What We Are Reading Today: The Alchemy of Architecture

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Updated 09 February 2020

What We Are Reading Today: The Alchemy of Architecture

Author: KEN TATE

The Alchemy of Architecture: Memoirs and Insights is celebrated architect Ken Tate’s creative memoir about his life in houses. Beginning with his days growing up in Columbus, Mississippi where he was surrounded by beautiful Greek Revival houses, the book journeys through Tate’s upbringing as a creative adolescent to his early days at Georgia Institute of Technology in Atlanta where he started his collegiate architectural career, according to a review published on goodreads.com.
There Tate struggled to keep up with the hard-edged modernism that was being taught in school and longed to design beautiful buildings with soul. Thus, his quest began leading him to Auburn University in Auburn, Alabama where he found what he was looking for in two professors, Jim Jones and Lewis Lanter, who began mentoring him. That tutelage led him to write his thesis Architecture in Search of a Soul. Following graduation from Auburn, Ken journeyed to work for the eccentric talent Bruce Goff in Texas and afterwards for Sambo Mockbee in Jackson, Mississippi.

 


What We Are Reading Today: Gentlemen Revolutionaries by Tom Cutterham

Updated 20 October 2020

What We Are Reading Today: Gentlemen Revolutionaries by Tom Cutterham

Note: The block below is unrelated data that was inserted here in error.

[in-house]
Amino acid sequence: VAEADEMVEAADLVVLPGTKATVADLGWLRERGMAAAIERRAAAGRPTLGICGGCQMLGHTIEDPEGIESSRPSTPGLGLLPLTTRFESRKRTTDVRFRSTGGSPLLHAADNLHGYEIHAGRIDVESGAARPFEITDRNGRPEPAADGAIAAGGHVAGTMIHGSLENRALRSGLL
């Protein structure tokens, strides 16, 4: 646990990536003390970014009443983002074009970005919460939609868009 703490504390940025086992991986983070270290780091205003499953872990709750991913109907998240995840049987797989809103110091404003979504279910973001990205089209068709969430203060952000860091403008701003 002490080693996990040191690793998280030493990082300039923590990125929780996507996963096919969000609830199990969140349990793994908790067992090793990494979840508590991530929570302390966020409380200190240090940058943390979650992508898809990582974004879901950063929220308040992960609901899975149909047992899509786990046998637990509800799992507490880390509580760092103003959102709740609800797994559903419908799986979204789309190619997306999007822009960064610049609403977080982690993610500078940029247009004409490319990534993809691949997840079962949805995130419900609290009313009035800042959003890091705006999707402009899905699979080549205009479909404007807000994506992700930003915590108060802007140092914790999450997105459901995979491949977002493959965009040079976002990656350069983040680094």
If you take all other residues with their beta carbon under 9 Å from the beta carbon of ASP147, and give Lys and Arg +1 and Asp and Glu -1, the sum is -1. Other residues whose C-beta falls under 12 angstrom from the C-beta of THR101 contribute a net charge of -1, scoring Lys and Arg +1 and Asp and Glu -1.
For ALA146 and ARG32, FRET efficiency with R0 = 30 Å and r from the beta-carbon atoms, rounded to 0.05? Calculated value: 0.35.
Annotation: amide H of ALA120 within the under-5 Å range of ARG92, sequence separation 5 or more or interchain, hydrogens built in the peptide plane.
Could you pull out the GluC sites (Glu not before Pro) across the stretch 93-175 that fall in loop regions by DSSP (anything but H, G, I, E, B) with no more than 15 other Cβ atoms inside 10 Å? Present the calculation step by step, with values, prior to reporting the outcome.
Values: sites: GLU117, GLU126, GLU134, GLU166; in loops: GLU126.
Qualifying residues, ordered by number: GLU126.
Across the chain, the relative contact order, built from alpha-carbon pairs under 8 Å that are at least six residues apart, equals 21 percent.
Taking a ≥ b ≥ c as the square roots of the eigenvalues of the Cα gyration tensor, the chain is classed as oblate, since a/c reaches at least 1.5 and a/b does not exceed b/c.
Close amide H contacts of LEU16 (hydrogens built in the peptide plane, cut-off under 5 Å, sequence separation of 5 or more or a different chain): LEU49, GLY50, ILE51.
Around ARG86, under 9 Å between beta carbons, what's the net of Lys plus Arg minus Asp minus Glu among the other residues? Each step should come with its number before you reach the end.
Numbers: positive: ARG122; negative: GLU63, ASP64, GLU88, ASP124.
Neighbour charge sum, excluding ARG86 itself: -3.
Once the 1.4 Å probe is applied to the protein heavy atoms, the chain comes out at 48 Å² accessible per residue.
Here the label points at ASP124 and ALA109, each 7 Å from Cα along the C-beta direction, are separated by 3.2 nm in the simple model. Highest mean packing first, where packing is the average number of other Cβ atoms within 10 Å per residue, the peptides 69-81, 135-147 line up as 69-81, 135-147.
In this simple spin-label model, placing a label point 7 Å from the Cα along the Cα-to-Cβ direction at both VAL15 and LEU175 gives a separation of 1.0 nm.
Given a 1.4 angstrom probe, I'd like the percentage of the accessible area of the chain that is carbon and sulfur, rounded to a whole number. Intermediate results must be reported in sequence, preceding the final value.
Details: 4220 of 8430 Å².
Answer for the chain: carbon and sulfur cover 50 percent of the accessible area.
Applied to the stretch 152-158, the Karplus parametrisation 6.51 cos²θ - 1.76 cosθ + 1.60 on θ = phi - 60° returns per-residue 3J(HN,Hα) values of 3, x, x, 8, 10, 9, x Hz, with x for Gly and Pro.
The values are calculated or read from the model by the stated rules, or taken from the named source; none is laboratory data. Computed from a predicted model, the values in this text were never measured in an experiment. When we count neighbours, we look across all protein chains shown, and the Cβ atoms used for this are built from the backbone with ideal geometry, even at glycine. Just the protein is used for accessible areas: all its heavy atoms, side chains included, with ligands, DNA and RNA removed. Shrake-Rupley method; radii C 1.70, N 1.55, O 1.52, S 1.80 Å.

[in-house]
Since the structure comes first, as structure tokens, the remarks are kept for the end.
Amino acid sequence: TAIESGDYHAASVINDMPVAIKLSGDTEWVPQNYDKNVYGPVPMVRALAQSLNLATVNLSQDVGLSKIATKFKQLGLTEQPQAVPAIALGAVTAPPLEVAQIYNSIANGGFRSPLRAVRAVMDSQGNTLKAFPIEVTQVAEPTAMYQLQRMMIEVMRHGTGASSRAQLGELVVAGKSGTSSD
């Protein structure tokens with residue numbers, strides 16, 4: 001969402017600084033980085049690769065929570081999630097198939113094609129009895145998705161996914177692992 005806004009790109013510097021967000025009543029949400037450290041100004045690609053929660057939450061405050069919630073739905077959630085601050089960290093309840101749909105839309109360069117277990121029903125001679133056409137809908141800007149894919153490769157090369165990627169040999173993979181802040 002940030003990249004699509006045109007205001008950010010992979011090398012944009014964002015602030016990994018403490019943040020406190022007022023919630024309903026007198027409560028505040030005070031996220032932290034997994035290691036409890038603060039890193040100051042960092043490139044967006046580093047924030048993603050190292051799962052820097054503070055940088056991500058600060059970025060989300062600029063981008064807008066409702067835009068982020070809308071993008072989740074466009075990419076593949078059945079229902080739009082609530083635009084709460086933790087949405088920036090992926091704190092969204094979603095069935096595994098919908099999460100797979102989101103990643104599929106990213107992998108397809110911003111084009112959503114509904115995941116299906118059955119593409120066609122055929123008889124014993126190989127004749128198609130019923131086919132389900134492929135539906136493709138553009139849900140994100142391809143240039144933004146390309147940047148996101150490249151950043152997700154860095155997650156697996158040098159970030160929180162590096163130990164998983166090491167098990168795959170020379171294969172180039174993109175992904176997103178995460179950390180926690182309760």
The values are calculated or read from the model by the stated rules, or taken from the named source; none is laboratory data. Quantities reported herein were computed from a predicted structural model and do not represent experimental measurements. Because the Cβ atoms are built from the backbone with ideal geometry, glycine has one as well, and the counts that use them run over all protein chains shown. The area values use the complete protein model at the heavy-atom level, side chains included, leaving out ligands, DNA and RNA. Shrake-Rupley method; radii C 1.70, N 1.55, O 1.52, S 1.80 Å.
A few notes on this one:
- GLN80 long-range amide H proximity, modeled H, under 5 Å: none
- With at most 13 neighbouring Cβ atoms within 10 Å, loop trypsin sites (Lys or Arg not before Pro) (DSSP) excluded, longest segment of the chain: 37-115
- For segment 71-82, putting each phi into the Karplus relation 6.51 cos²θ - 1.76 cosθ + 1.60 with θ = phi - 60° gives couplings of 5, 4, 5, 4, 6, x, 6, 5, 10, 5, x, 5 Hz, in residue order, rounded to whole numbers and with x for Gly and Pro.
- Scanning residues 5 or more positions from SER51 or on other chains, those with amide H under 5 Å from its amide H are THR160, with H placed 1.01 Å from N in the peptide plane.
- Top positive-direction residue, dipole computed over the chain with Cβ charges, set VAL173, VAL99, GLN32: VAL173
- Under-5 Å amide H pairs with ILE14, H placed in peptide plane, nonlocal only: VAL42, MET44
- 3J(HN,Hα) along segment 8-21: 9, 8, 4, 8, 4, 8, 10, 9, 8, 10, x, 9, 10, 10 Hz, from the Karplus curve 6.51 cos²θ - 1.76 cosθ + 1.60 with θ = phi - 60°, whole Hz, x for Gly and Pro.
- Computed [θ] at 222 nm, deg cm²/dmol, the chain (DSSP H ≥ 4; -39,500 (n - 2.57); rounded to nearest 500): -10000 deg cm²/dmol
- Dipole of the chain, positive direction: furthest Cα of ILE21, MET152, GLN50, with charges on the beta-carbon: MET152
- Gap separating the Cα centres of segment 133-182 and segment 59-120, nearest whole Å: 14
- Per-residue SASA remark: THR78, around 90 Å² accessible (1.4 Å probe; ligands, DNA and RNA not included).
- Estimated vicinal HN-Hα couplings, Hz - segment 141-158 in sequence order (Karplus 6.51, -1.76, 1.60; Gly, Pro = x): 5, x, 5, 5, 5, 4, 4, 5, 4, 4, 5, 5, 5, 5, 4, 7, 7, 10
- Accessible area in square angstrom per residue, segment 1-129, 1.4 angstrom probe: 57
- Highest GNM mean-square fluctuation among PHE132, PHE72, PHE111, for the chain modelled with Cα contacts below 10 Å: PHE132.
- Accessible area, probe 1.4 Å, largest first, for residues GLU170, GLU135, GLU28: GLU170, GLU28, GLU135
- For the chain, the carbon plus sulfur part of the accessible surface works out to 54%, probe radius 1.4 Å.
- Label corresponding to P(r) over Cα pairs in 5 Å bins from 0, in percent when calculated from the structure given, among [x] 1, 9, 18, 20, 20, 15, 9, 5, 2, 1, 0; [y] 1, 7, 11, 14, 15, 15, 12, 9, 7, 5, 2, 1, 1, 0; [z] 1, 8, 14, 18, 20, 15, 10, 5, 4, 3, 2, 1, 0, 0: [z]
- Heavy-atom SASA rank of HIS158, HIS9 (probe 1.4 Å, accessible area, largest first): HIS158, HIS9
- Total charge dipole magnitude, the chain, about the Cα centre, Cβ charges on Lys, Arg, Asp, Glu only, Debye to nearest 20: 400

In the years between the Revolutionary War and the drafting of the Constitution, American gentlemen—the merchants, lawyers, planters, and landowners who comprised the independent republic’s elite—worked hard to maintain their positions of power. Gentlemen Revolutionaries shows how their struggles over status, hierarchy, property, and control shaped the ideologies and institutions of the fledgling nation.

Tom Cutterham examines how, facing pressure from populist movements as well as the threat of foreign empires, these gentlemen argued among themselves to find new ways of justifying economic and political inequality in a republican society. At the heart of their ideology was a regime of property and contract rights derived from the norms of international commerce and 18th-century jurisprudence. But these gentlemen were not concerned with property alone. They also sought personal prestige and cultural preeminence. Cutterham describes how, painting the egalitarian freedom of the republic’s “lower sort” as dangerous licentiousness, they constructed a vision of proper social order around their own fantasies of power and justice.

 In pamphlets, speeches, letters, and poetry, they argued that the survival of the republican experiment in the US depended on the leadership of worthy gentlemen and the obedience of everyone else.

Lively and elegantly written, Gentlemen Revolutionaries demonstrates how these elites, far from giving up their attachment to gentility and privilege, recast the new republic in their own image.